Wal-Mart has been having some travails in the market, which the retailer's executives blame on an oversaturated US market and economic uncertainty.
But lurking behind the scenes may be some major technology issues. In a recent article, CIO's Thomas Wailgum observes that the retailer has another anchor dragging its progress -- information technology.
Say it ain't so... Wal-Mart's IT is legendary; it's secret to success -- at least that's we've been told incessantly over the years. Wal-Mart is constantly held up as the shining example of slick, efficient IT and intelligent supply chains.
Apparently, Wal-Mart has fallen victim to the Carr Conundrum, in which, as Nick Carr proclaims, happens when every player in a market gets access to the same technology, leveling the playing field for all.
Wailgum summarizes Wal-Mart's IT plight this way:
"Wal-Mart today is caught between two worlds: Sam Walton's, where a zealous commitment to 'everyday low prices' is enforced (despite Walton's skepticism about computers) by IT-assisted decisions made in Bentonville, and a new global marketplace in which the retailer's sheer size is not as big an advantage as it once was. Competitors such as Target and Tesco can match Wal-Mart in technological sophistication and surpass it by innovating in new retailing segments with higher-margin goods."
Other factors hampering Wal-Mart include its centralized IT structure, which overrides local store decision-making, and too much reliance on home-grown IT systems.
So Wal-Mart has become a company burdened with legacy systems, some of which may still provide competitive advantage; others which are commoditized to the point where a packaged system can and should be swapped in. Welcome to the club, WM. And talk about fertile ground for service-oriented architecture, which could ease the transition to new thinking and new technologies.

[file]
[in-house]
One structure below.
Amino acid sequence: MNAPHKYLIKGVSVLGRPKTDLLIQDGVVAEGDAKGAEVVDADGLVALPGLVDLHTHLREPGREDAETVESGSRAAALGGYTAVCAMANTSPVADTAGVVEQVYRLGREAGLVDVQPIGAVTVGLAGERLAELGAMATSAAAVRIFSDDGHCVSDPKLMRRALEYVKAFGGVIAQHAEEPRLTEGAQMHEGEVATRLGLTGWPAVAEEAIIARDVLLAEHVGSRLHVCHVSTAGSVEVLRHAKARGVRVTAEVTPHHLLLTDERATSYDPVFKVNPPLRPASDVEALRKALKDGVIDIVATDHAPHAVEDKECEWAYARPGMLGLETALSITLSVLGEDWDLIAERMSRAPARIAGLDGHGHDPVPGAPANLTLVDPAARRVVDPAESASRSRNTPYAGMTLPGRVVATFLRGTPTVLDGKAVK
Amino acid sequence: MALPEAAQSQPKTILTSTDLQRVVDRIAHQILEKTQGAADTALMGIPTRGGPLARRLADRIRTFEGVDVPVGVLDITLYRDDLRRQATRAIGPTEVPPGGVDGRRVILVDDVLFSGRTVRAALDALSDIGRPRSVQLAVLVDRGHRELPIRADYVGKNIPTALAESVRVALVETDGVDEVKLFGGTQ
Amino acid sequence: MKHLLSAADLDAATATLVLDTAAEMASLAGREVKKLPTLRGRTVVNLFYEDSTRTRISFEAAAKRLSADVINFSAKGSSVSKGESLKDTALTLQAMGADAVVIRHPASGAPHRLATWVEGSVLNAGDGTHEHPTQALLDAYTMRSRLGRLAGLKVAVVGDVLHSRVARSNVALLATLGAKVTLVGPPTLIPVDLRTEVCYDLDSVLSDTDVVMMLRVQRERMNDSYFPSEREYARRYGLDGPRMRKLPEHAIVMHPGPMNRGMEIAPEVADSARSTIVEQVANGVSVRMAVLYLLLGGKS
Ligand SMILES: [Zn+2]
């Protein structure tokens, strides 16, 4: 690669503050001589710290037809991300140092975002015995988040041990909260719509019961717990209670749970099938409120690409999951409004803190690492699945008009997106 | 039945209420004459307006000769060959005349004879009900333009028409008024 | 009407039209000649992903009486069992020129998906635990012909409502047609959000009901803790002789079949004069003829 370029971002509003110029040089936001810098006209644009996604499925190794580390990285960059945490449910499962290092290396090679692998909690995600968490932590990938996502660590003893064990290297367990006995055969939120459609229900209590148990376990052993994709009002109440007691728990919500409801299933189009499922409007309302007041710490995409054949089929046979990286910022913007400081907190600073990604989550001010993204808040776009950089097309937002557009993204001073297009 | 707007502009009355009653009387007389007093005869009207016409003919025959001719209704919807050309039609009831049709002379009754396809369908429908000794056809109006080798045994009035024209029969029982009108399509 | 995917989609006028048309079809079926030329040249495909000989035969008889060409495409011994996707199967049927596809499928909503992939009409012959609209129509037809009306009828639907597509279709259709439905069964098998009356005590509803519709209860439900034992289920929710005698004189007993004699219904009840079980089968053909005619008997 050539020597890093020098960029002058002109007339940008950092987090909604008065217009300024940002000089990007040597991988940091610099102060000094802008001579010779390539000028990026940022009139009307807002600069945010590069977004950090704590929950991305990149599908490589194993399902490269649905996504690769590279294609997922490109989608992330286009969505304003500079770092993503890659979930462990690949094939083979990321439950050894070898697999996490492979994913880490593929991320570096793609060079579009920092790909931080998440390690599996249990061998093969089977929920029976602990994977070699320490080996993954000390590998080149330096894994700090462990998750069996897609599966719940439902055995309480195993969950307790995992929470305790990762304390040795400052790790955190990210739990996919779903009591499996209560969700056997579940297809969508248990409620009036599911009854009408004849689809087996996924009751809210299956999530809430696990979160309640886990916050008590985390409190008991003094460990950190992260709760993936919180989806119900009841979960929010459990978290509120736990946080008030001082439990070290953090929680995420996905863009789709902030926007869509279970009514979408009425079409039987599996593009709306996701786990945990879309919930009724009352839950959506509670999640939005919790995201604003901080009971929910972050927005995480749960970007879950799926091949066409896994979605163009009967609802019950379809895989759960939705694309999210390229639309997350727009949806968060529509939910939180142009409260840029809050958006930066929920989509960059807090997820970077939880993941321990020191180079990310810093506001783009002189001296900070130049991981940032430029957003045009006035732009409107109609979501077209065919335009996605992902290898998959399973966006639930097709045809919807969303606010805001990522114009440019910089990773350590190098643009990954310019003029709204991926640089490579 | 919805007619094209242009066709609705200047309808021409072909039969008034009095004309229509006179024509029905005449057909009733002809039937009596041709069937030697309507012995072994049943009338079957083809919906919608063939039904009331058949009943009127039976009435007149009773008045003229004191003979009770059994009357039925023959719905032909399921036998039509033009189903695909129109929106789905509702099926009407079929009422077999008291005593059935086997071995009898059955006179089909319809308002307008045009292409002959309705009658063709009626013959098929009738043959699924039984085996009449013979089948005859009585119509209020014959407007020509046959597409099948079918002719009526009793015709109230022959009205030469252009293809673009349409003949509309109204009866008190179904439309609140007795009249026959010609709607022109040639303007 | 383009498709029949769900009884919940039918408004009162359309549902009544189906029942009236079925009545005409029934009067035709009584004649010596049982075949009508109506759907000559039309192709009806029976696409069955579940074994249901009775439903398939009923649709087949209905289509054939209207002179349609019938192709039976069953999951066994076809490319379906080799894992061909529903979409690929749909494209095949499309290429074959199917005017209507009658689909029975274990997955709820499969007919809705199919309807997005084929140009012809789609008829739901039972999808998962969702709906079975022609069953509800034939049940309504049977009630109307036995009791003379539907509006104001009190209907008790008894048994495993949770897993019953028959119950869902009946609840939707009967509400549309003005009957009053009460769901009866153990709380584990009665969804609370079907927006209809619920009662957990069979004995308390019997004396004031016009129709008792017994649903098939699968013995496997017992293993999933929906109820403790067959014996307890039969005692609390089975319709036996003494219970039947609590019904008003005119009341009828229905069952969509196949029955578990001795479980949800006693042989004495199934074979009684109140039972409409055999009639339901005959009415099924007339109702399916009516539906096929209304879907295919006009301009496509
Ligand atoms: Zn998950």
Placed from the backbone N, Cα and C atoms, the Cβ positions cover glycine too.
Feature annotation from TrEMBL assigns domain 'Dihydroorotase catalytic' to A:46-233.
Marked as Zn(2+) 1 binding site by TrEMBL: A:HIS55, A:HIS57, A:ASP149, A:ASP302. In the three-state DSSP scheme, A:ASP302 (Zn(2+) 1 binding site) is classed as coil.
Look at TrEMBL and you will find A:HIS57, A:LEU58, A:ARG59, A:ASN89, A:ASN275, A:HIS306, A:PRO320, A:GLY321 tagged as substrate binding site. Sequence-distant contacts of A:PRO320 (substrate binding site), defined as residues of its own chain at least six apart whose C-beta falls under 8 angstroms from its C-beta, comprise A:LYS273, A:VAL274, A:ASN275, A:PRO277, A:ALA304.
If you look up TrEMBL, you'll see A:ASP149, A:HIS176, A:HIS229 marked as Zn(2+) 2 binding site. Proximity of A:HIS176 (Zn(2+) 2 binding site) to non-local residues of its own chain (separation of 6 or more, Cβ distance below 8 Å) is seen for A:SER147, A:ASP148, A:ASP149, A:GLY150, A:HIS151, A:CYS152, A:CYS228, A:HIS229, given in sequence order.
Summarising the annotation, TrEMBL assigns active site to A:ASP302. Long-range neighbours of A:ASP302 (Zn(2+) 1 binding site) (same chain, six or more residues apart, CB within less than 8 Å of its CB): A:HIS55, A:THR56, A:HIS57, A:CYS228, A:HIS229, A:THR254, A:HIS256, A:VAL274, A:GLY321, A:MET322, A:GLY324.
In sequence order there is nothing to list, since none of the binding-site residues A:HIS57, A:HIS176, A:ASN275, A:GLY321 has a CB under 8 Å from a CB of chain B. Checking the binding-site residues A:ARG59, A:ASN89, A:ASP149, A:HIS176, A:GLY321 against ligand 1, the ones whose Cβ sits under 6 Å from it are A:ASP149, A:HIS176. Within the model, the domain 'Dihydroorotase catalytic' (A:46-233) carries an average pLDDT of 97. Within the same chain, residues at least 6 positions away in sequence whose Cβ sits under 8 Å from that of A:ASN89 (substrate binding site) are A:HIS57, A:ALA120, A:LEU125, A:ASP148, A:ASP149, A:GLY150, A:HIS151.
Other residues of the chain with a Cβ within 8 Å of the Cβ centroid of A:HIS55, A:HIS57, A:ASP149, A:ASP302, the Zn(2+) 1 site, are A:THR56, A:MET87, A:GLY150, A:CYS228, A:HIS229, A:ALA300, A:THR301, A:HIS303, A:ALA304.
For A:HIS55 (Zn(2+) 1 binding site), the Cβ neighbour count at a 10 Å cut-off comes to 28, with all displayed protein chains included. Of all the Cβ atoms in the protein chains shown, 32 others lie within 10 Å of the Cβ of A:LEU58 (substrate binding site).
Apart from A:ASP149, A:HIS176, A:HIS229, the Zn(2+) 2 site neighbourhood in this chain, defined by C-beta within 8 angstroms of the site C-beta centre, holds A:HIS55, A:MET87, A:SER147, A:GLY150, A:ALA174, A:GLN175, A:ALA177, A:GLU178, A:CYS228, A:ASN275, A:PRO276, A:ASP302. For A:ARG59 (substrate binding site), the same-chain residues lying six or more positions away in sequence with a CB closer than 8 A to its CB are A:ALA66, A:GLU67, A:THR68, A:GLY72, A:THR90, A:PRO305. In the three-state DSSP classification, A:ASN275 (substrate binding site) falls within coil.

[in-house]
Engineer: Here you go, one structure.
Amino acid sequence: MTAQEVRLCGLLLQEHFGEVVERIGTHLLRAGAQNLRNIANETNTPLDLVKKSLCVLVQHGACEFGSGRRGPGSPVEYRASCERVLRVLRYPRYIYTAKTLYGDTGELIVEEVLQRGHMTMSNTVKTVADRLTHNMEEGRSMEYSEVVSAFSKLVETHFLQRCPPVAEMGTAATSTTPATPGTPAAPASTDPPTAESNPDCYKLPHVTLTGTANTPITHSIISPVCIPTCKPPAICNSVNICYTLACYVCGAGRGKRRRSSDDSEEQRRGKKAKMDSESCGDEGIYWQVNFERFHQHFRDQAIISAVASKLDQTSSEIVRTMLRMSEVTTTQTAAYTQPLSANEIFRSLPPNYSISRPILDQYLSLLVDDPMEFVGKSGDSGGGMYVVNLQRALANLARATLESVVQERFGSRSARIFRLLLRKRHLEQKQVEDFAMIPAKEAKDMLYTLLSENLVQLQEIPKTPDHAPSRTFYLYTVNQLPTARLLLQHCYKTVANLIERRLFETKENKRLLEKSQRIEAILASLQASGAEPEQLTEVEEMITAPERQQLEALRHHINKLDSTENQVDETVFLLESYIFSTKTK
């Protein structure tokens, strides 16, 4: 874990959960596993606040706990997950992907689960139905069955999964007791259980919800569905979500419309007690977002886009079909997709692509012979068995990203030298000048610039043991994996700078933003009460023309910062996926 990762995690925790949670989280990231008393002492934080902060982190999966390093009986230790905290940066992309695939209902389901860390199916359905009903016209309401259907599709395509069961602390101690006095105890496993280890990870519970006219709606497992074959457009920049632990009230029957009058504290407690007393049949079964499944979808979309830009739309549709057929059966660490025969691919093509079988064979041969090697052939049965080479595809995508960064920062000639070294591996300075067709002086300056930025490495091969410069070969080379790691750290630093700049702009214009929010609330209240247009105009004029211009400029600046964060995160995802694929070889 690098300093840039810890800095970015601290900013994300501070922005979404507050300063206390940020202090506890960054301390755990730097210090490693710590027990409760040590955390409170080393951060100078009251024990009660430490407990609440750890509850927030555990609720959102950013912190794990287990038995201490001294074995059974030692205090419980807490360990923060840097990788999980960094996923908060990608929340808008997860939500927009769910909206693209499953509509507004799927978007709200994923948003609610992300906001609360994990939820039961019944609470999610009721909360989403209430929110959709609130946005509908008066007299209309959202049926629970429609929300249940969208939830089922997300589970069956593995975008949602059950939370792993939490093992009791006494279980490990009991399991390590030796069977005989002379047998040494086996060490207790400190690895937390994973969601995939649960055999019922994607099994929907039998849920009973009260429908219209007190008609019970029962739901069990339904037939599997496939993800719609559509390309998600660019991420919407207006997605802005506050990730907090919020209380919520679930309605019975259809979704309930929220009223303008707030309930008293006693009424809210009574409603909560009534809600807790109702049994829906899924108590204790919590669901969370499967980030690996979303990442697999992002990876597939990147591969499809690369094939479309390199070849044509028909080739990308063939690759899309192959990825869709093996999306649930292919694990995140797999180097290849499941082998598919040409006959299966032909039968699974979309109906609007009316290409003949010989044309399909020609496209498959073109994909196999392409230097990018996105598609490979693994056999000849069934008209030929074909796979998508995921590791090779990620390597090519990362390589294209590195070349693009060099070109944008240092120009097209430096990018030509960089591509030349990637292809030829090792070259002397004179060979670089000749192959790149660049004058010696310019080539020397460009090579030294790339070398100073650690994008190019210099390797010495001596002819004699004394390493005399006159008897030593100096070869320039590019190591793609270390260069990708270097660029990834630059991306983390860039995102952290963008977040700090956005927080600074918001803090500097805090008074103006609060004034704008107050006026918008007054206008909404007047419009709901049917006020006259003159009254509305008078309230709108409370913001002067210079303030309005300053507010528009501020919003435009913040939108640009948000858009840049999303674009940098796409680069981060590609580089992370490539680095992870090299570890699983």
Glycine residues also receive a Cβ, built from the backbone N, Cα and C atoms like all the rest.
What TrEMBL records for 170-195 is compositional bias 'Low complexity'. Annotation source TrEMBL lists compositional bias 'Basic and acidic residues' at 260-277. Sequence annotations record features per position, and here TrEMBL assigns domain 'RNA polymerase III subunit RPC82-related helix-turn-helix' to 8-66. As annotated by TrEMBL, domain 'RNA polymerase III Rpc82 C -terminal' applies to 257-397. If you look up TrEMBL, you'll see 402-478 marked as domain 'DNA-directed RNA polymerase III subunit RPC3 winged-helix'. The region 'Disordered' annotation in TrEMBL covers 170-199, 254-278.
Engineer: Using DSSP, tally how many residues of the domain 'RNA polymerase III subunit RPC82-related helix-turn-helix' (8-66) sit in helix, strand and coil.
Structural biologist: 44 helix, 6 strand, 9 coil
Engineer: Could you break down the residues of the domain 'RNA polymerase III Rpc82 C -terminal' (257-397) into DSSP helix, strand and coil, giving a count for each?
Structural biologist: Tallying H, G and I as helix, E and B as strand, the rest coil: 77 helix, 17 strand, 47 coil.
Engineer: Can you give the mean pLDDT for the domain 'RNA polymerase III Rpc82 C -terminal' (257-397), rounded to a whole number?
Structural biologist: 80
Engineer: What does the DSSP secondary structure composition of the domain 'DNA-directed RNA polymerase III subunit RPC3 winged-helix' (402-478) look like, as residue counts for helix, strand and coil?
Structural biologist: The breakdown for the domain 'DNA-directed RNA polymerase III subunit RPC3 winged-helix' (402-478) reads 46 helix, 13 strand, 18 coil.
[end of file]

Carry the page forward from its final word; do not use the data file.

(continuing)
But, alas, no one brought up SOA in the article. But read between the lines, and SOA underpins everything. Analysts, for example, recommend the retail giant leverage its current assets -- such as its massive data collection capabilities -- and move them out to its community. "Wal-Mart is known for its ability to collect data. Now, analysts say, it's imperative that IT enable merchandisers and buyers to use it to make better decisions."
The retail giant is also purportedly switching from its homegrown systems to packaged software, including pricing and business-intelligence software from Oracle and HP. SAP also just scored a big win, announcing this past week that Wal-Mart will be replacing its legacy financials with SAP ERP Financials. As SAP keeps telling us, they're all about SOA now.
Analysts and consultants also urge the retail giant to move more aggressively into the Web 2.0 space, and applaud the retailer's early steps in this direction. For example, the company is taking steps into the social networking arena as a way to better connect with its customers, as well as promote customer blogging "to reinforce the values of its brand and promote its new products."